lorriekazanby Lorrie Kazan

Here Is This Month’s Psychic Thought:

Have you ever incubated a dream? That’s what I was doing when I decided to sleep on the decision about attending the Tarot Readers’ Studio in Newark.

Incubating a dream is when you come up with a question or issue about which you seek clarity and then take the question into your dream state.

In my case, I asked myself (and my unconscious) whether spending the money on this endeavor was the right thing for me now.

The second step can be done in several ways. For example, some people re-read their question throughout the day, meditate on it, even stash the written copy under the pillow.

I asked the question before I went to sleep and then in the early morning I had a dream: Someone was handing me a card from the Broyard deck. Now, to my knowledge, there is no Broyard deck, but there clearly was one in my dream.

The woman who owned this rare and expensive card is actually going broke in real life.

But somehow she’d managed, not only to keep herself afloat, but also to attend the conference.

Though I had no idea who Broyard was, I took this to mean, “Yes, spend the money, the trip will be valuable. You’ll bring back knowledge to offer others as well as yourself.”

Is this a co-dependent’s dream, making sure the knowledge will be shared? Who knows? Sharing knowledge is part of my nature.

Broyard sounded French, and when I finally remembered to google him I expected to find a French artist.

What I actually found:

Anatole Broyard, was a literary critic for the New York Times, a man who while he was alive hid his African American background.

(Is going to the Tarot Studio some kind of recognition of my roots?)

Born in New Orleans, he moved with his family to Brooklyn. In 1947 he re-located to Greenwich Village. He later wrote a memoir about it called Kafka Was All the Rage.

Random House describes him as a “dapper, earnest, fledgling, avant-gardist, intoxicated by books.)

I can now re-label my bookaholism as intoxicated by books. Certainly sounds more lyrical and glamorous, as if following the piped piper to some unknown destination. (Although, wasn’t the pied piper actually doing something hurtful or bizarre?)

As I was writing this, and thinking about the name Anatole, it occurred to me that he may have been the teacher who helped launch my aunt’s sister (Hilma Wolitzer) on her literary career some 35 years ago.

It turns out he was!

So, what was he doing in my dream? Who inside me even knew he existed?

Synchronistically, as I was composing this article, I also came upon a tarot deck idea that a friend and I never completed and I had somehow forgotten. The idea still intrigues me.

Isn’t it funny what we forget? For instance, I don’t remember ever hearing of Broyard.

Dreams are a time to let down our guard. Sleep comes in as it will and all the separate parts of ourselves merge with places, beings and things. Stories are devised, metaphors and symbols for our lives.

Jung said not deciphering a dream was like leaving a letter from God unopened.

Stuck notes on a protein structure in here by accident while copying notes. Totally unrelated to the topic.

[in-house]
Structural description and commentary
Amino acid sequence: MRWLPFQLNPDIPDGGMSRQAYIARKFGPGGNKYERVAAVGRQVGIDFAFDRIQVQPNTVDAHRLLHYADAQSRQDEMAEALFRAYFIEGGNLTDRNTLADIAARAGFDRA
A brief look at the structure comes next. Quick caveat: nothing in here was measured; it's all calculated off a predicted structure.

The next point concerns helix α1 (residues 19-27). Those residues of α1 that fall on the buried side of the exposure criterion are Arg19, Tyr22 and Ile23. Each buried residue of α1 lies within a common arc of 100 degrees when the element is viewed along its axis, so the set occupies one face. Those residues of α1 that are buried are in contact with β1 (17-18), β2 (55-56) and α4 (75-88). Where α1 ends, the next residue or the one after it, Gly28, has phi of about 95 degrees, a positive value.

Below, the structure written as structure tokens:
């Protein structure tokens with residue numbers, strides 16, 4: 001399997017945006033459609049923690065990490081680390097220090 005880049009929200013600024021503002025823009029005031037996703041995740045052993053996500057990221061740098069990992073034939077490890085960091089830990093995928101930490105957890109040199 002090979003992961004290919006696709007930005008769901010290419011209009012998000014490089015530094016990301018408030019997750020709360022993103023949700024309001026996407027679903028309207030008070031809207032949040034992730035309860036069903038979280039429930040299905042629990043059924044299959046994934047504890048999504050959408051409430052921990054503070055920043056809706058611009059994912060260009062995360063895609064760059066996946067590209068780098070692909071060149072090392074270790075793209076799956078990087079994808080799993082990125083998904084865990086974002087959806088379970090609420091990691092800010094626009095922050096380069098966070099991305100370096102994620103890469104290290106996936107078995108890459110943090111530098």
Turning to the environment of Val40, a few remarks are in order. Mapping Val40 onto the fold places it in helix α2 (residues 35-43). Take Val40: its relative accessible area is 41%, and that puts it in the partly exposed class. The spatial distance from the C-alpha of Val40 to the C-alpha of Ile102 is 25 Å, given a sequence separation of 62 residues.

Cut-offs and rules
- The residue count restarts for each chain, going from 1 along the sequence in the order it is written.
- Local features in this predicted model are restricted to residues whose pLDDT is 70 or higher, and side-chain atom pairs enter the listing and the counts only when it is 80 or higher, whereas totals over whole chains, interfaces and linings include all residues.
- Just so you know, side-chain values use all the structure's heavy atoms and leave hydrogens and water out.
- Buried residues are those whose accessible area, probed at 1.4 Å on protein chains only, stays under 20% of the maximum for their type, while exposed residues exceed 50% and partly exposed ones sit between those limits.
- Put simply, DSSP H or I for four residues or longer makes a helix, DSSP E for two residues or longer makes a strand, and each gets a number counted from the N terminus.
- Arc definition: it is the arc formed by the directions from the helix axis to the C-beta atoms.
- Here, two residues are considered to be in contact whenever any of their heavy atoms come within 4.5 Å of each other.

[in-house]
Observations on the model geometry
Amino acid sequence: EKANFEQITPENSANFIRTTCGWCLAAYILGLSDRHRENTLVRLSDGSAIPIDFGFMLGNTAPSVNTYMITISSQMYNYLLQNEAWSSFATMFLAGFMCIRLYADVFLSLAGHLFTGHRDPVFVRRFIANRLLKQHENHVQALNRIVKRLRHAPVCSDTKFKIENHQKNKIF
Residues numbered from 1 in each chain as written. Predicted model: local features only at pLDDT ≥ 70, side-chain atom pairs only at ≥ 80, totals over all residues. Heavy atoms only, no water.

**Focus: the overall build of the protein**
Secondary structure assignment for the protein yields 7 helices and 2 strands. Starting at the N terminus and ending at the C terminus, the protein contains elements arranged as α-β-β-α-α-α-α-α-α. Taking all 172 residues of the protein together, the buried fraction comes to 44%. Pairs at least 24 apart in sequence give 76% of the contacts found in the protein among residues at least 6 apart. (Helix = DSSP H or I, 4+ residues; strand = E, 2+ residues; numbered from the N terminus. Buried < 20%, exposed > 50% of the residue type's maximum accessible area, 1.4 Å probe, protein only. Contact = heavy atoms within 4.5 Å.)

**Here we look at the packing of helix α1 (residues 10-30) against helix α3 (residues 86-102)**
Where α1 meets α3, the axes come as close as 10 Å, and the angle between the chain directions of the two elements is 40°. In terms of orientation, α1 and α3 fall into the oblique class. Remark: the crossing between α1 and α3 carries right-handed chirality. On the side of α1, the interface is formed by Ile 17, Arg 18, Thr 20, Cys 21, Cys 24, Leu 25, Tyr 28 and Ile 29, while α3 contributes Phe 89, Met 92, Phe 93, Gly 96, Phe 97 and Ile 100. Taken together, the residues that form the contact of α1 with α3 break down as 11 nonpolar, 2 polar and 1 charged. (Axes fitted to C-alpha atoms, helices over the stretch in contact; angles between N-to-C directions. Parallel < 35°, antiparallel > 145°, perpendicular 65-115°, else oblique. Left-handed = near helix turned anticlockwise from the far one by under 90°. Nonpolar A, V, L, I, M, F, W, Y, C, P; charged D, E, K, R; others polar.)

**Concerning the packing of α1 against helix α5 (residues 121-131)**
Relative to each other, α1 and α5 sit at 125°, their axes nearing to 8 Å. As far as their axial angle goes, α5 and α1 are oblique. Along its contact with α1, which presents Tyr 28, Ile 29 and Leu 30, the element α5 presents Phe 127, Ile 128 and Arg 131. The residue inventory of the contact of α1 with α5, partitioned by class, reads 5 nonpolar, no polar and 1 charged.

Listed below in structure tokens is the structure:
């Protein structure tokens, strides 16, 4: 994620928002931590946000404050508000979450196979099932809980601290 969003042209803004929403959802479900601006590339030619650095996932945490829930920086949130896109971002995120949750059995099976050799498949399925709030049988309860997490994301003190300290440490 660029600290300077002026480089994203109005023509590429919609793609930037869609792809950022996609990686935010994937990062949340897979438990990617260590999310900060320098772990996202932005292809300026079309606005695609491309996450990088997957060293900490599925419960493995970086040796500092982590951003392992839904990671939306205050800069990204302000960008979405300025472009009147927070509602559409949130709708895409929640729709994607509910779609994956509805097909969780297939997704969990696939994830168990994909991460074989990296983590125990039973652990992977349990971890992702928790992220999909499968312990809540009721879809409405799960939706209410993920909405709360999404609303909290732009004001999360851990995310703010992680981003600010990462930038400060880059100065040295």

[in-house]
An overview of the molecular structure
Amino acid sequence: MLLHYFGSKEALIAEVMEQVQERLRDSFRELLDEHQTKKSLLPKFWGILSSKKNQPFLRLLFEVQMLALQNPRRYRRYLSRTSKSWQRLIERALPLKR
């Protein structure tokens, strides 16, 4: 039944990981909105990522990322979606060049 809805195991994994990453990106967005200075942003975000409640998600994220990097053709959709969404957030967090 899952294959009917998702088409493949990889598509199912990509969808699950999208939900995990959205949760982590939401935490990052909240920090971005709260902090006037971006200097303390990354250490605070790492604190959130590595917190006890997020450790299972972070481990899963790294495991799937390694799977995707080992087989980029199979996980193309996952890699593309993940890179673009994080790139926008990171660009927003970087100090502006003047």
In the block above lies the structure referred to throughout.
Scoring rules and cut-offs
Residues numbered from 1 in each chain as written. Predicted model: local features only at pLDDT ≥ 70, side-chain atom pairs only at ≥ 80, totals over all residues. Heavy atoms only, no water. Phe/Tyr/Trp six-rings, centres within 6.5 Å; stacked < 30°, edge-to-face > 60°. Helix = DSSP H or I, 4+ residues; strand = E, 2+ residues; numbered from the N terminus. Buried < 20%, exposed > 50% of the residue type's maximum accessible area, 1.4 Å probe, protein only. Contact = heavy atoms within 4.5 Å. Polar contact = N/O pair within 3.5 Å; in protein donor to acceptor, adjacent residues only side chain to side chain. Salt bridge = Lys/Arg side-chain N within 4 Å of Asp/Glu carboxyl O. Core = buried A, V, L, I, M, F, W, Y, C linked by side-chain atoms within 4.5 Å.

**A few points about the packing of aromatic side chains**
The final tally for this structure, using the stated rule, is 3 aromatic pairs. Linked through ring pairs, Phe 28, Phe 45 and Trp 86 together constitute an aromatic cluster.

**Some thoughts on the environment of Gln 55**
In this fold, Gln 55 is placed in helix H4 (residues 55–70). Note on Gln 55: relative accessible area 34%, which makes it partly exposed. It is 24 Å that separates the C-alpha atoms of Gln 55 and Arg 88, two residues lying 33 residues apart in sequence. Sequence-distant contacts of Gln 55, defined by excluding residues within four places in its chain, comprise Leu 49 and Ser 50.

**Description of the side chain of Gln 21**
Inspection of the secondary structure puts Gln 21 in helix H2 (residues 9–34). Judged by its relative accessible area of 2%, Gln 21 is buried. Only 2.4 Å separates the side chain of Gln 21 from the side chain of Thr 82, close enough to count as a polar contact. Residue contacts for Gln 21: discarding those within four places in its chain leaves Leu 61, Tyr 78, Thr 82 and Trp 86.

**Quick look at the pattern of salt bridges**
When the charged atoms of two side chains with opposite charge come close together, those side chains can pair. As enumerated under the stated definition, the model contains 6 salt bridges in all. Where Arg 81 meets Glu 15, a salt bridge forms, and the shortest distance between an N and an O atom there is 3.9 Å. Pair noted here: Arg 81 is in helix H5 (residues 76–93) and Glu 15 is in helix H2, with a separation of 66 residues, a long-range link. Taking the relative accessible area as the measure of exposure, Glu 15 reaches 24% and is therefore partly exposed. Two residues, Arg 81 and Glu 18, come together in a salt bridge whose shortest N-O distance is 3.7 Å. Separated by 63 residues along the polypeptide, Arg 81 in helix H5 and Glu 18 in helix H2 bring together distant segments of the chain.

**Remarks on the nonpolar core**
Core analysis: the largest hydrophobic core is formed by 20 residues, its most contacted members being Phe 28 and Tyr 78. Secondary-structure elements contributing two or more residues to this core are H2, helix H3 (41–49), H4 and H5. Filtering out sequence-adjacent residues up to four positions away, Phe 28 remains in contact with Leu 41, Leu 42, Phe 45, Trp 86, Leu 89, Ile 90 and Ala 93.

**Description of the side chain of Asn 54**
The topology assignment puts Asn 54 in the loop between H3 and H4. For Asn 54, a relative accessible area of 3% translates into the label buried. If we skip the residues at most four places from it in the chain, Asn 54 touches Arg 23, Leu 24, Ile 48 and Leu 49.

If you think you don’t dream, you do. If you didn’t, you’d become psychotic. If you think you can’t remember, well you can. In fact, maybe it’s time for me to set up another dream class.

To commemorate my dream, I signed up for the Readers’ Studio, and will be in Newark from April 28th- May 3rd.

I also read two of Broyard’s books. He truly was a witty and urbane writer. I particularly liked Intoxicated by My Illness. This was his memoir about colon cancer.

Coincidentally, while contemplating my trip, I discovered that longtime friend, and friend of the newsletters, Allan McCollum, will have his work in a show at the Metropolitan Museum during that time, so there will definitely be a quick trip into New York City. (Where I have not been in at least 20 years.)
Maybe you didn’t know this, but many inventions were completed because of dreams. For example, stalled in his creation of the sewing machine, Elias Howe dreamt that primitive people were stabbing him with spears.

He realized their spears were full of holes, and thus he had the answer to the insoluble problem of how to thread the needle of his new invention.

In 1816, 19-year-old Mary Shelley listened long into the night as the famous poets, Byron and Shelley continued their discussion about the possibilities of re-galvanizing a body.

Mary Shelley laid down to rest.

“I did not sleep,” she said, “Nor could I be said to think. My imagination, unbidden, possessed and guided me, gifting the successive images that arose in my mind with a vividness far beyond the usual bounds of reverie. I saw — with shut eyes, but acute mental vision, — [a pale] student of the unhallowed arts kneeling beside the thing he had put together.” And thus was born the tale of Dr. Frankenstein.

There are countless such stories of dream revelations from artists and inventors, and even from ordinary people perceiving psychic visions, and medical diagnoses.

In the Bible, we learn that Joseph’s interpretation of Pharoh’s dream allowed the people to shore up against the 7 years of famine the dream foretold.

So, who will you meet during sleep, and will you leave your letters from God unanswered?

Lorrie

From Sarah: Lorrie is a very special person and a special psychic – she was chosen by the prestigious Edgar Cayce Society as one of the top Psychics in a worldwide audition, and offers a variety of expert-level readings designed to provide you with cutting-edge insights, advice and predictions related to specific areas of your life–including living your soul’s purpose, experiencing love, enhancing relationships, advancing your career, creating abundance and transforming daily living challenges. Get her free prosperity and psychic help right here->

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